The regions which have made the most and least claims for construction R&D funding for 2018/19, so far, are:

  1. London – 455 claims (£55m)  
  2. South East – 425 (£85m)  
  3. East of England – 400 (£5m)  
  4. North West – 375 (£145m)  
  5. West Midlands – 295 (£10m)  
  6. Yorkshire and the Humber – 255 (£85m)  
  7. South West – 250 (£10m)  
  8. East Midlands – 215 (£10m)  
  9. Northern Ireland – 180 (<£5m)  
  10. North East – 165 (£40m)  
  11. Scotland – 165 (£10m)  
  12. Wales – 155 (<£5m)  

Dominick Sandford, Director and Head of Merchandising & Marketing at IronmongeryDirect, said: “It’s encouraging to see that so many UK construction companies are taking advantage of the R&D Tax Credit scheme. Our businesses are world-leaders for innovation and the HMRC initiative is designed to reward them for their pioneering work.  

“The tax relief can provide a welcome boost for construction firms and any money saved can even be reinvested to finance further research.”  

By Jonathan Symcox

Source: Business Cloud

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Farmers urged not to miss out on 230% R&D tax credit

One of the country’s top agricultural accountants has said UK farmers could do more to capitalise on a lucrative tax break designed to encourage investment in research and development (R&D).

Addressing members of the Guild of Agricultural Journalists in Northern Ireland on Thursday (May 13), Seamus McCaffrey said businesses that are registered as companies could avail of as much as 230% tax credit for money invested in R&D.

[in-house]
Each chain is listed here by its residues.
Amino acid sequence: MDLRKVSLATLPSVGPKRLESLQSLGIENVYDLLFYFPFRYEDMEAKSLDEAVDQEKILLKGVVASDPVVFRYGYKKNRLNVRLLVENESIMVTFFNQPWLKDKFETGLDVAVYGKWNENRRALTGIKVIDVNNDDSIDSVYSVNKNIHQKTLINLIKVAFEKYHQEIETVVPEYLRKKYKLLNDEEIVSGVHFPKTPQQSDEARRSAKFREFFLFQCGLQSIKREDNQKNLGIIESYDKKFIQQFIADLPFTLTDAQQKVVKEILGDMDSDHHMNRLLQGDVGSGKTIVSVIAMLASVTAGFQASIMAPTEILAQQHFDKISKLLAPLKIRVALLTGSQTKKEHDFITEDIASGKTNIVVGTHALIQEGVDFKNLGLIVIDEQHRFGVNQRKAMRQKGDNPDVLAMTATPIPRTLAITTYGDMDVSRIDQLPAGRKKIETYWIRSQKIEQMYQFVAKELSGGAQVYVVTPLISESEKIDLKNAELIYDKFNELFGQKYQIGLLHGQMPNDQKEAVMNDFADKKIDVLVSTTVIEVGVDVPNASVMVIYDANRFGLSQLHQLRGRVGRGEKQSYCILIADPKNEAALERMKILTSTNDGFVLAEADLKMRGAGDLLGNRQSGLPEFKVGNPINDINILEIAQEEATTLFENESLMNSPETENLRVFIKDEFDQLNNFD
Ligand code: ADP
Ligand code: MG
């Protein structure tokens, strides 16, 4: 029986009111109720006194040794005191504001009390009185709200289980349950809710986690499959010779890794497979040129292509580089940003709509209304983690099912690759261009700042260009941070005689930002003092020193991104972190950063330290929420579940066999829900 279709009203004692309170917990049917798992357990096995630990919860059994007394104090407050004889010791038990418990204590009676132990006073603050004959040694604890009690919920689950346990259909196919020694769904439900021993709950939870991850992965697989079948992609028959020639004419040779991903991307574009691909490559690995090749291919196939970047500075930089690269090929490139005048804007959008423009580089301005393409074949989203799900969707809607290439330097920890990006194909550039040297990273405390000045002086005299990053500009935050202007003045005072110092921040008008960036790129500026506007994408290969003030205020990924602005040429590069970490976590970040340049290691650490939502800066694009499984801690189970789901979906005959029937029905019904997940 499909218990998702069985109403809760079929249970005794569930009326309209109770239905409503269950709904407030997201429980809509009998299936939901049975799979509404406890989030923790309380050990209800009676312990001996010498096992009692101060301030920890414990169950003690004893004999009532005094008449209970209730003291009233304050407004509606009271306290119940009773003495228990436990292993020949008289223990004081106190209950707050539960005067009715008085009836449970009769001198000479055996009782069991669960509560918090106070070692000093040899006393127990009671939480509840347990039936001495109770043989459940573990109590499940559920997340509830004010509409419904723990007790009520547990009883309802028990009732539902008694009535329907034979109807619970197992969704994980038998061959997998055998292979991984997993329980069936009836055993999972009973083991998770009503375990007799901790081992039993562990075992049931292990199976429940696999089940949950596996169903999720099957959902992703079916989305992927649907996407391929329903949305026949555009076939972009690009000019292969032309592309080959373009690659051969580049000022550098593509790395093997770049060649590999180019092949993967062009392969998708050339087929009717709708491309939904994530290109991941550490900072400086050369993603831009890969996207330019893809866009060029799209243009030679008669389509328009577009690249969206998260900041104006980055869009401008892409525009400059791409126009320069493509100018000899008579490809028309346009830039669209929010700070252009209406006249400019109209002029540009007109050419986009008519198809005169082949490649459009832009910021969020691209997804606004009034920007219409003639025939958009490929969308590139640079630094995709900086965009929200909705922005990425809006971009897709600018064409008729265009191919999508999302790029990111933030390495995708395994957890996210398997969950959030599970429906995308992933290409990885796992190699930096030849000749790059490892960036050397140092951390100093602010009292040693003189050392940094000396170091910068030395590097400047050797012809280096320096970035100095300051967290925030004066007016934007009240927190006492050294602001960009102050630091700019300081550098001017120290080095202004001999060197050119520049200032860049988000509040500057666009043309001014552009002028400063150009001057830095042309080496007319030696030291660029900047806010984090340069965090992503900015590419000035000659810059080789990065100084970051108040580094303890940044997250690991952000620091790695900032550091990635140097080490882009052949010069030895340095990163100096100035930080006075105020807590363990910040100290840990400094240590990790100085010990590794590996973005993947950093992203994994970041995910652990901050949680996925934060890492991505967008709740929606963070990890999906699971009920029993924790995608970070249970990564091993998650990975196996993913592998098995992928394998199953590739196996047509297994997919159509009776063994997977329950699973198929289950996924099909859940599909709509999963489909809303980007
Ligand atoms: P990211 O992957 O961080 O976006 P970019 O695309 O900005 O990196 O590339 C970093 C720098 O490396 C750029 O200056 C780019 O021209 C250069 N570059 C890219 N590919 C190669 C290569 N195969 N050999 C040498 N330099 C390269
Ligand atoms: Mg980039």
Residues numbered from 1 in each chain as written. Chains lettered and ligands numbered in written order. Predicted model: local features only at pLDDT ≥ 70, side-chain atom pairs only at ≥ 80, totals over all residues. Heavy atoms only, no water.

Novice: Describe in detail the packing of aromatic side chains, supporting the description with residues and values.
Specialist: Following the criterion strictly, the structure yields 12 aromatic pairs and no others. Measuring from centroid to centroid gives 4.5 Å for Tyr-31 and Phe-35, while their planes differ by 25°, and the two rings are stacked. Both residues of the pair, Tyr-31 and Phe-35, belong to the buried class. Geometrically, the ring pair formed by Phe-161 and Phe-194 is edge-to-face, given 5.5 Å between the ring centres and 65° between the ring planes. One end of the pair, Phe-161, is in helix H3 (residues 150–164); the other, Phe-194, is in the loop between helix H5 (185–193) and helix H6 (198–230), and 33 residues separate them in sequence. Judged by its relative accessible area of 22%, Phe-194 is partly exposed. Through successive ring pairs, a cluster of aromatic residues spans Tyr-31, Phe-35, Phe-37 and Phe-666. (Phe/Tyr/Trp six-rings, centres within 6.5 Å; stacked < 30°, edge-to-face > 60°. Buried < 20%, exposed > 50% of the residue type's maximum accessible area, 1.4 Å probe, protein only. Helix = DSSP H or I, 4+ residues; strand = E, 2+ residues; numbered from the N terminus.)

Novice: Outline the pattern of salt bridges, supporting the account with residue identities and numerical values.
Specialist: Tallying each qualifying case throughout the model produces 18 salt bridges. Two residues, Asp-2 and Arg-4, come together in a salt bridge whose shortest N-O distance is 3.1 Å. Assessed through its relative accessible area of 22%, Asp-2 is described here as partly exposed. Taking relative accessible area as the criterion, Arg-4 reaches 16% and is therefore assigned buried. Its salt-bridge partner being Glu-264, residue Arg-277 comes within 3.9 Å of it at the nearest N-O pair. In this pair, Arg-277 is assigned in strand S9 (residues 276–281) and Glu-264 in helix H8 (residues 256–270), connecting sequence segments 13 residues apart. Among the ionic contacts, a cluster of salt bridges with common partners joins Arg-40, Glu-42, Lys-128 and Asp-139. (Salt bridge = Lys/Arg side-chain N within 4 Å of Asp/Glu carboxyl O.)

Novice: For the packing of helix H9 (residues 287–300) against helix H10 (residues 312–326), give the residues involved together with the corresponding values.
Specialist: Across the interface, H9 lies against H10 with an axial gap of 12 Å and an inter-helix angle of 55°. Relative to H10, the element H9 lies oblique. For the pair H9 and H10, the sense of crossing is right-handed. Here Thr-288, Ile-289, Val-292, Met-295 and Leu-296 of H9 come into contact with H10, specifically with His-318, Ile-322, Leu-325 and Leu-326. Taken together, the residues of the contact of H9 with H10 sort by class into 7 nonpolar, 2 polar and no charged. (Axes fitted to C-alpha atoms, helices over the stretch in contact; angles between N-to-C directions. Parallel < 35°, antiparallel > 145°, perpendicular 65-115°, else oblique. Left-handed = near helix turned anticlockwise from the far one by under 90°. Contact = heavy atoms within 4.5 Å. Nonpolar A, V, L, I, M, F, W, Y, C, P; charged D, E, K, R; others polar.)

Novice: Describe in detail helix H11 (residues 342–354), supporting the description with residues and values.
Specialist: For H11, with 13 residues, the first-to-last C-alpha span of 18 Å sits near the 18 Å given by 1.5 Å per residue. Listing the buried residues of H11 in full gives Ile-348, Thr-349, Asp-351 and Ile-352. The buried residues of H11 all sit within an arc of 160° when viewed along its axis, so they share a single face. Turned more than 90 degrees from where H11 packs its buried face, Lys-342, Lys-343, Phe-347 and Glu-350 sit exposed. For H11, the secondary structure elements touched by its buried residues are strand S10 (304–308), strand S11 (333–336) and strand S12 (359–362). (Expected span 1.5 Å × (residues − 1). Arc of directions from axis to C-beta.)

McCaffrey, who specialises in farming taxation matters, said trialling different seed varieties, farm technology, or experimenting with different feeding regimes, cattle genetics or types of lighting (for example, in a poultry house), could all be eligible.

“It’s very useful but it’s important to note that it applies to companies only,” he said.

“A surprising amount of R&D is carried out on farms. If a farmer is doing reseeding and he does a bit of trial and error with different types of grass seed, that can constitute R&D. The extra costs involved in that constitutes research and development costs, and could thereby entitle the company to claim a 230% tax credit.”

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Are My Farm Trials Eligible?

To claim the credit, the company must self-certify in its annual accounts. However, McCaffrey warned the company must also retain evidence of carrying out the trials.

“So you just can’t decide at the end of the year that the company has a big tax bill and say ‘I did R&D’ – you’ll not get away with that. There must be a bit of resource allocated to it demonstrating and recording the fact research had been carried out,” he said.